The various stakeholders in Japan of the Tokyo Olympics, postponed last year due to the Covid-19 pandemic, reaffirmed on Friday their intention to hold them this summer, despite reports that the Japanese government had secretly given up.
"I am determined" to host a "safe" Olympic Games in Tokyo, as a sign of "humanity's victory over the novel coronavirus," Prime Minister Yoshihide Suga said at a parliamentary session.
The Tokyo-2020 organizing committee also recalled on Friday that it was "fully focused" on preparations to host the Olympics (July 23-August 8), in unison with the Japanese government and the city of Tokyo, the International Olympic Committee (IOC) and the International Paralympic Committee (IPC).
According to the British newspaper The Times, which quoted a source within the ruling coalition in Japan on Thursday, the government has already secretly declared the impossibility of organizing the Olympic Games this year, due to the global upsurge of the coronavirus, including in Japan.
To save face, the government would seek to ensure beforehand that Tokyo organizes the 2032 Olympics, the next available edition (after Paris-2024 and Los Angeles-2028), according to the Times.
- "No plan B" -
Other Japanese officials have denied outright.
Deputy Japanese government spokesperson Manabu Sakai said there was "nothing true" in the Times article and Tokyo Governor Yuriko Koike said she had "no idea" as to the origin of the information.
"We are coordinating closely with the government, the organizing committee and the IOC" and "the truth is that there has been no discussion about a cancellation or postponement" of the Games, Ms Koike told reporters.
The Olympic committees of the United States and Canada have repeated for their part that they are preparing to send athletes to Japan this summer.
The boss of the Australian Olympic Committee Matt Carroll, also qualifying as "unfounded rumor" the information of the Times, conceded for his part that it would be "very different Games, focused on the sportsmen and their competitions".
In an interview with AFP on Tuesday, Tokyo-2020 director general Toshiro Muto said that holding the Games this summer was the organizers' "inflexible course".
Faced with growing doubts, IOC President Thomas Bach himself stepped up to the plate on Thursday.
"We have no reason to believe at this moment that the Olympic Games in Tokyo will not open on July 23," he told Japanese news agency Kyodo.
"There is no plan B" and "we are totally committed to making these Games (Games) safe and successful", he insisted.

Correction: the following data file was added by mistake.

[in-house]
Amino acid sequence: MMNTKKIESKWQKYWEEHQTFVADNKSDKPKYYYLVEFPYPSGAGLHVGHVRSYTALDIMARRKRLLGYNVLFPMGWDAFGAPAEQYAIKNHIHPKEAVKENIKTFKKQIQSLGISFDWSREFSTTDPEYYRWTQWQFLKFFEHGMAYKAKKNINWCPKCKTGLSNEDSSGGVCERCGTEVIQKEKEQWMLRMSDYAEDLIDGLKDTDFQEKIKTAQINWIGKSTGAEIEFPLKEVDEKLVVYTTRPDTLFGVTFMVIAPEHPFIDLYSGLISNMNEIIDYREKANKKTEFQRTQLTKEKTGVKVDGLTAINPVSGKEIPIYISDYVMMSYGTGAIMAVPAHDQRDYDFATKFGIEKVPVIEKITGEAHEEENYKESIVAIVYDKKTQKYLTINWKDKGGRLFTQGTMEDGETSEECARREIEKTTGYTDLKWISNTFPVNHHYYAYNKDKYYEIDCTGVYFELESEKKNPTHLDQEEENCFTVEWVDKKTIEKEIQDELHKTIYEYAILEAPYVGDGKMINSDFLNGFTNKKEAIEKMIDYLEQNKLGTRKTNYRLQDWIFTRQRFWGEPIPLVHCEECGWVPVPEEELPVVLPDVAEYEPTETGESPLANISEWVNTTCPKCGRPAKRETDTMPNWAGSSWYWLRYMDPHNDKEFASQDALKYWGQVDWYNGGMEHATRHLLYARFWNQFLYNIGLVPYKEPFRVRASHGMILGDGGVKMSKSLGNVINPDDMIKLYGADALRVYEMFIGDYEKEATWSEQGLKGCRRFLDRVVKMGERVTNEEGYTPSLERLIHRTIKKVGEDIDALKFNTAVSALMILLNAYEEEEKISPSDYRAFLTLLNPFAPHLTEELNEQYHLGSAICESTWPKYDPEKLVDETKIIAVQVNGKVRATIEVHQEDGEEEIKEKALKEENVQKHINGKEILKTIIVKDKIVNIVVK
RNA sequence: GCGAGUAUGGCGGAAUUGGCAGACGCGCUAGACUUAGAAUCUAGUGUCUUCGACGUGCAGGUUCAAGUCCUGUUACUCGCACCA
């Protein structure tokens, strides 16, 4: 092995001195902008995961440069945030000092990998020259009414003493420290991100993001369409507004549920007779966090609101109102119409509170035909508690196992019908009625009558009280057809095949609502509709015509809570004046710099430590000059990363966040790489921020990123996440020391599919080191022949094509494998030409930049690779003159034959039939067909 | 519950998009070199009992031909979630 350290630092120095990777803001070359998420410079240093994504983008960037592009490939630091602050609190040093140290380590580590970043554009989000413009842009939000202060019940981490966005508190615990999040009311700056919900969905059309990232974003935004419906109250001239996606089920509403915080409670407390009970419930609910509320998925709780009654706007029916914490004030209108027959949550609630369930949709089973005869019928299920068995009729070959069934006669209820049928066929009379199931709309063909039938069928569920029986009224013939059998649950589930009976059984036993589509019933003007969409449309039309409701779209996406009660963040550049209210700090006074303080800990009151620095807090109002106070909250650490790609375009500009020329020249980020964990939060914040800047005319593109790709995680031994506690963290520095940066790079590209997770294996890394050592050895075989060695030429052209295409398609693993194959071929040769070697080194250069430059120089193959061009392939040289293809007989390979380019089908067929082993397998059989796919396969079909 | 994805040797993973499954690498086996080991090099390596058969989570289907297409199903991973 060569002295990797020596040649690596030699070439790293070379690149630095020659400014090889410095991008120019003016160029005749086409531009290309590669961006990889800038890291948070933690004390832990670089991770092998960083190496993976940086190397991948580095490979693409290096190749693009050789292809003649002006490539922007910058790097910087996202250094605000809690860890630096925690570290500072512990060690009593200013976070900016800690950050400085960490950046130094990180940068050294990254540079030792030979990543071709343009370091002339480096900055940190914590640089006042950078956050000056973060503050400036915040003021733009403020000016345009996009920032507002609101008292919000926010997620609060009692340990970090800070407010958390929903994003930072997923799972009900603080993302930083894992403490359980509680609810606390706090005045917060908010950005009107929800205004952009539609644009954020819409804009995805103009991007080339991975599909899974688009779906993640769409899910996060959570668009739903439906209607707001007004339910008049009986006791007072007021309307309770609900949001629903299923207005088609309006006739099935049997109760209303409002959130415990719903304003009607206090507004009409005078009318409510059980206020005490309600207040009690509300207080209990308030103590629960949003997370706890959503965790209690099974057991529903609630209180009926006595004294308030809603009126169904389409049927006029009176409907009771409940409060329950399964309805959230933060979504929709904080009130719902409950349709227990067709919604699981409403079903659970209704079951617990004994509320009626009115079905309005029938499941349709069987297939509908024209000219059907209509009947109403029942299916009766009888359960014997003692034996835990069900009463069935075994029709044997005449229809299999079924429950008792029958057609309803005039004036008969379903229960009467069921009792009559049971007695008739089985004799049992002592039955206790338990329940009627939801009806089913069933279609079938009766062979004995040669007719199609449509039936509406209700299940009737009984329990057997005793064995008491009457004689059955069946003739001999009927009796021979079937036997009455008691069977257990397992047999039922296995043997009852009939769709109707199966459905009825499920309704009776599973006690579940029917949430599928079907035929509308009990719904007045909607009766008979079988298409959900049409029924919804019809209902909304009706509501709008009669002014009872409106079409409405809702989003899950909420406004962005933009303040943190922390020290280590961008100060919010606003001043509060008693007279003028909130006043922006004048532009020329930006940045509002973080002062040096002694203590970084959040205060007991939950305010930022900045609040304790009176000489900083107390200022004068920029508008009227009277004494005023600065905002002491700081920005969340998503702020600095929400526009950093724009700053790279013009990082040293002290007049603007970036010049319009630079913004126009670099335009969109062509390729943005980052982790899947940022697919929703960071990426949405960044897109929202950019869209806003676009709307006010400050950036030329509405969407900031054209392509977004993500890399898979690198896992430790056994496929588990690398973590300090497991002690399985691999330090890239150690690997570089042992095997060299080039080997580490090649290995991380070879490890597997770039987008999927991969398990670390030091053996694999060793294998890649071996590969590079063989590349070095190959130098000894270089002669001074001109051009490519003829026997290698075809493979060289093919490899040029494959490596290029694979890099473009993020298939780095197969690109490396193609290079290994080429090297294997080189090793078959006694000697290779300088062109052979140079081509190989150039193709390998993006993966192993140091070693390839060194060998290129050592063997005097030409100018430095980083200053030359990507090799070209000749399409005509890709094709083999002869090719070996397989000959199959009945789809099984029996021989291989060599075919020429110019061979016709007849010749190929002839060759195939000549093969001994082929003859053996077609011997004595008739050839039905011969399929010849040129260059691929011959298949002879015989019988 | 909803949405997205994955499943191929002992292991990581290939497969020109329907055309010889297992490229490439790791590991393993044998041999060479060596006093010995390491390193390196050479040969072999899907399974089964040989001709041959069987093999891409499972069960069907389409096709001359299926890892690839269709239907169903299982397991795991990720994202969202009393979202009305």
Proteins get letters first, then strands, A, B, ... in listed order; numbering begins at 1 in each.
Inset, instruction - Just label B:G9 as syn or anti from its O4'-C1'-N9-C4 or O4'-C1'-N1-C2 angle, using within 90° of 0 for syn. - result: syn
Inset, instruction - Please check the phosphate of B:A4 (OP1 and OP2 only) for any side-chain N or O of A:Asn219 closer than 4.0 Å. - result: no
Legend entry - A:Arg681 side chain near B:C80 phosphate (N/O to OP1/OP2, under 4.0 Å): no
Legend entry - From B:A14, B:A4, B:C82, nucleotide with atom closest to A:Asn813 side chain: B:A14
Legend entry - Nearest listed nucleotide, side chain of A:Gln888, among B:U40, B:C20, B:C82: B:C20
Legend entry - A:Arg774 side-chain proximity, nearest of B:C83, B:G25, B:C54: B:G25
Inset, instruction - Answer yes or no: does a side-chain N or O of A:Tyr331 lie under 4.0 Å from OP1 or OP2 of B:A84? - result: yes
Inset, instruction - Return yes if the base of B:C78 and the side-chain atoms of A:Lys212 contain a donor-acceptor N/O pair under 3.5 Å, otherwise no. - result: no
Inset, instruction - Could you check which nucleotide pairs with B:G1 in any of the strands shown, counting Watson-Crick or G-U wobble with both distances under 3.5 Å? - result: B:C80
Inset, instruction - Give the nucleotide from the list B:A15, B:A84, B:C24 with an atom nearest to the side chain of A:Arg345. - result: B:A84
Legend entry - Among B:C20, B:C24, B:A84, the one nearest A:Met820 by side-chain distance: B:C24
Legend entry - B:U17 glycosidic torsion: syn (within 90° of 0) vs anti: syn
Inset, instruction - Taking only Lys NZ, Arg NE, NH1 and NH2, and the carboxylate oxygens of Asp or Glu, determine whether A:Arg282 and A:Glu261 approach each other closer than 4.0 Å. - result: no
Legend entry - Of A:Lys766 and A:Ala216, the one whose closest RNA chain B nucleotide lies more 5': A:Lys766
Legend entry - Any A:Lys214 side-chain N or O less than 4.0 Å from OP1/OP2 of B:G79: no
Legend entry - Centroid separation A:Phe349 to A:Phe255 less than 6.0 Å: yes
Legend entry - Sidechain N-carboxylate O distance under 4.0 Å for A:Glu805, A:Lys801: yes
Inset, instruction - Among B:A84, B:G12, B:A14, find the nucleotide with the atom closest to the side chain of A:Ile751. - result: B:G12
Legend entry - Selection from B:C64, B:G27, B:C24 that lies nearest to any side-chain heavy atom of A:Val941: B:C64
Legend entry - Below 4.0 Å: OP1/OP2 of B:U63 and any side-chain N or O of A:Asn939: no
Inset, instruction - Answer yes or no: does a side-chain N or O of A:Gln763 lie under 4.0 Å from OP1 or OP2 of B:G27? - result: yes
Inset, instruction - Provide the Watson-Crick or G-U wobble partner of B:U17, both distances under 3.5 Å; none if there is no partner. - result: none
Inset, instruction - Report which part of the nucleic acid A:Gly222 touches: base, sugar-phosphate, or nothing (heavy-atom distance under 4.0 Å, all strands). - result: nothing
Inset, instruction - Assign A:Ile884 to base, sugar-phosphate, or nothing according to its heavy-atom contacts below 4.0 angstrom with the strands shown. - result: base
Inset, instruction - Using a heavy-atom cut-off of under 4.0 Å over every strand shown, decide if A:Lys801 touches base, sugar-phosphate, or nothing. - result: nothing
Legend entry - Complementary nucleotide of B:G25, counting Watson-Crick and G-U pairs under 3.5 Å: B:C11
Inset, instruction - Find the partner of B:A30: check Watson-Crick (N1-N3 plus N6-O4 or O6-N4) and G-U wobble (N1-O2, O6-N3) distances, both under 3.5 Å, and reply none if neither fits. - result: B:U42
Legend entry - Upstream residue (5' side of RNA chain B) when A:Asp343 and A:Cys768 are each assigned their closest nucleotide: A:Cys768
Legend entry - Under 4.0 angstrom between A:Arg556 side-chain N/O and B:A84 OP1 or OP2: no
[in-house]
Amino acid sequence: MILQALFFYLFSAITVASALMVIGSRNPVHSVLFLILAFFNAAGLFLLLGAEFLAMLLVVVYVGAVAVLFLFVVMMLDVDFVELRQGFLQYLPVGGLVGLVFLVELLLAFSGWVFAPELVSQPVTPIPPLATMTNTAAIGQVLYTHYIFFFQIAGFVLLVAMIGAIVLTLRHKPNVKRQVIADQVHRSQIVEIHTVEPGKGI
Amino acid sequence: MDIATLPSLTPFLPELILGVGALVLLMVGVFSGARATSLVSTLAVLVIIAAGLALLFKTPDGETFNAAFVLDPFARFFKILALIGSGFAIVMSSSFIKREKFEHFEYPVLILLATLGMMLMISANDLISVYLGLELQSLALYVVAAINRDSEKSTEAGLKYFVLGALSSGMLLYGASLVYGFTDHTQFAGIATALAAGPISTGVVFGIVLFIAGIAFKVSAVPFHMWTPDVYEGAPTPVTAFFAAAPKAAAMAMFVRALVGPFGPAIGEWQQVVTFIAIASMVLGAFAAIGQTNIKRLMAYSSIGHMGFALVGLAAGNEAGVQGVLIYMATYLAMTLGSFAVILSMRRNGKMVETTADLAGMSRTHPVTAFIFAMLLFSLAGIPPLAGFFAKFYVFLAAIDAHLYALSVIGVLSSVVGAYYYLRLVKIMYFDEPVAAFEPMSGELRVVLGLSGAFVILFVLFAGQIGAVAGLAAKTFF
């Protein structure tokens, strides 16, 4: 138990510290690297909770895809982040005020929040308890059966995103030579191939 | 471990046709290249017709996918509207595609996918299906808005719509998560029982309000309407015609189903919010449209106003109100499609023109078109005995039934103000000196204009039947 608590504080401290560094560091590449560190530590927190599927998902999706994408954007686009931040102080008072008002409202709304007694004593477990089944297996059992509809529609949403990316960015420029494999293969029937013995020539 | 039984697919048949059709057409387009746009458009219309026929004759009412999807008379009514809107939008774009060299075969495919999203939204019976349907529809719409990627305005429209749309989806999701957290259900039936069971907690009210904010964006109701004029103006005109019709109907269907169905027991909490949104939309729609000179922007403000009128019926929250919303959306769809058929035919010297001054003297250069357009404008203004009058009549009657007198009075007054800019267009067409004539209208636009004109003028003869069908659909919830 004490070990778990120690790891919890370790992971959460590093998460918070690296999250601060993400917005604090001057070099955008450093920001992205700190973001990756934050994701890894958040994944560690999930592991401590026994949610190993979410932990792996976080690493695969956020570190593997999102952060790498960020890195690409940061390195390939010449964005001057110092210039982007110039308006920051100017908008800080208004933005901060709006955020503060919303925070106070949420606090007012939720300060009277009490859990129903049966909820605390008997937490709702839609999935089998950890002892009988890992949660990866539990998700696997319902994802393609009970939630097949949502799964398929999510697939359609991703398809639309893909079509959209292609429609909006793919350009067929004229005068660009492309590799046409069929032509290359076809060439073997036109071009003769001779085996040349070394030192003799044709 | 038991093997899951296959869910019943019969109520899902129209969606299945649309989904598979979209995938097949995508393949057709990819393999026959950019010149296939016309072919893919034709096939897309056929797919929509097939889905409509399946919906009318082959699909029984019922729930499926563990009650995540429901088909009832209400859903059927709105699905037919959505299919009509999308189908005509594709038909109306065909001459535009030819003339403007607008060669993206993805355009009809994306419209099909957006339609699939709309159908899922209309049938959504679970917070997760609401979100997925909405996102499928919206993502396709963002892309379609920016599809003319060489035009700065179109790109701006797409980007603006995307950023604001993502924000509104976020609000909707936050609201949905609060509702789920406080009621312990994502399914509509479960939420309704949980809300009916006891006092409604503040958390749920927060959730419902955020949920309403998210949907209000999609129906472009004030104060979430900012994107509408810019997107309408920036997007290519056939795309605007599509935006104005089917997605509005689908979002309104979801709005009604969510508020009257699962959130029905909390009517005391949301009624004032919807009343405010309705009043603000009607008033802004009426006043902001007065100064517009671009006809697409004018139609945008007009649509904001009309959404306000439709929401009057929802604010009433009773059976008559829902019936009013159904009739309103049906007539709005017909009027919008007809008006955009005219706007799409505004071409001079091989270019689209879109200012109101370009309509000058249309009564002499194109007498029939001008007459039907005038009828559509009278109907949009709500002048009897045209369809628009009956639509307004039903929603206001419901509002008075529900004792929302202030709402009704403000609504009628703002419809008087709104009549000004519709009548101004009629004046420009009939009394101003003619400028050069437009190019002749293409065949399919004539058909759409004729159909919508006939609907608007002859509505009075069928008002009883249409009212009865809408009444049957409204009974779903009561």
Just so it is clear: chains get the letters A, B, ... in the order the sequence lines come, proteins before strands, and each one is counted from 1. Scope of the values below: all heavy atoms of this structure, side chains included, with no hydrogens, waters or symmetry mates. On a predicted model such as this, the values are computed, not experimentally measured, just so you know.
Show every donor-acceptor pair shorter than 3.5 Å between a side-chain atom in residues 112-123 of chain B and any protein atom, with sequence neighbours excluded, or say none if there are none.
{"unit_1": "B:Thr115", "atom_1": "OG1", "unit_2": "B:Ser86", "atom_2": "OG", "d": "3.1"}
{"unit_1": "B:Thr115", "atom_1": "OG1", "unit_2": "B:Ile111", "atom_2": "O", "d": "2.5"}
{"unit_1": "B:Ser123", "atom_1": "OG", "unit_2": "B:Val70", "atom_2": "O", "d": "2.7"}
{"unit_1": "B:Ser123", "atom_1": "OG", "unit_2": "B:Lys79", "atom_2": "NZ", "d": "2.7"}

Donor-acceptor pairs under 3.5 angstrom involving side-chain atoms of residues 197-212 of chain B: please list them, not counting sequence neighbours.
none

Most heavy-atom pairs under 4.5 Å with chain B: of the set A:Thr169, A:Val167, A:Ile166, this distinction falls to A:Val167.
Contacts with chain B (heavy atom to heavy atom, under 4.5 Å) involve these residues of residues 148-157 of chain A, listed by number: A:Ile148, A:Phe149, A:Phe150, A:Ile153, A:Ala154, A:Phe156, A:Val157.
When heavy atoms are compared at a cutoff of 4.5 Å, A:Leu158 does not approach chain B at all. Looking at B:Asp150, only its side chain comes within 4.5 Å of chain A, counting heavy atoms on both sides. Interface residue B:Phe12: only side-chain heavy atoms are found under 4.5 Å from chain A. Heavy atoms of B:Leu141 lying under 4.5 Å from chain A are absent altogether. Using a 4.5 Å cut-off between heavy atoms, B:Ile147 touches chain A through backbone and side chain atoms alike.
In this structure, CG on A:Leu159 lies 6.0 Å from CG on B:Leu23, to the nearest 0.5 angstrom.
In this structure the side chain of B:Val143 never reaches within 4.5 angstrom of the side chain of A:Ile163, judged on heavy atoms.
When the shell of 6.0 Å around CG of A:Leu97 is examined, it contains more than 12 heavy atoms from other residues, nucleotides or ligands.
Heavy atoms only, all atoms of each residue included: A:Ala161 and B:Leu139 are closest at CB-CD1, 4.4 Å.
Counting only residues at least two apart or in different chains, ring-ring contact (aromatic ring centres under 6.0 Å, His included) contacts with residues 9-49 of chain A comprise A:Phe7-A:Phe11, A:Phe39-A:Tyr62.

Last week, a key minister in the Japanese government, Taro Kono, however expressed a dissenting voice, believing that nothing should be excluded for the Tokyo Olympics.
- Games without an audience?
Last March, as the first wave of the coronavirus spread across the world, the IOC took the unprecedented decision to postpone the Games just after Australia and Canada announced their intention not to not send their athletes to the Tokyo Games which were to open in July 2020.
The current upsurge in the pandemic is also affecting Japan, where public opinion is now overwhelmingly opposed to the organization of the Games, preferring a further postponement or outright cancellation, according to recent polls.
While legislative elections are due in Japan this fall at the latest, the ruling Liberal Democratic Party (PLD) "could take a huge risk by hosting these extremely unpopular Games," said Amir Anvarzadeh, strategist at Asymmetric Advisors.
"It is almost certain", given the number of people involved and the new variants of Covid-19 in circulation, that the Olympic Games would cause an outbreak of infections if they took place, said this analyst.
Elected representatives of the opposition in Japan also asked Thursday for the postponement or cancellation of the Olympics.
The Tokyo Medical Association suggested on Friday that the event take place without an audience.
The organizers, favorable to a presence of the public, even limited, intend to decide in the coming months on the question.
"They (the organizers, Editor's note) must abandon the idea of celebrating the century by inviting people from different countries", declared its president Haruo Ozaki to the Asahi newspaper, advocating the Games "without spectators".
© 2021 AFP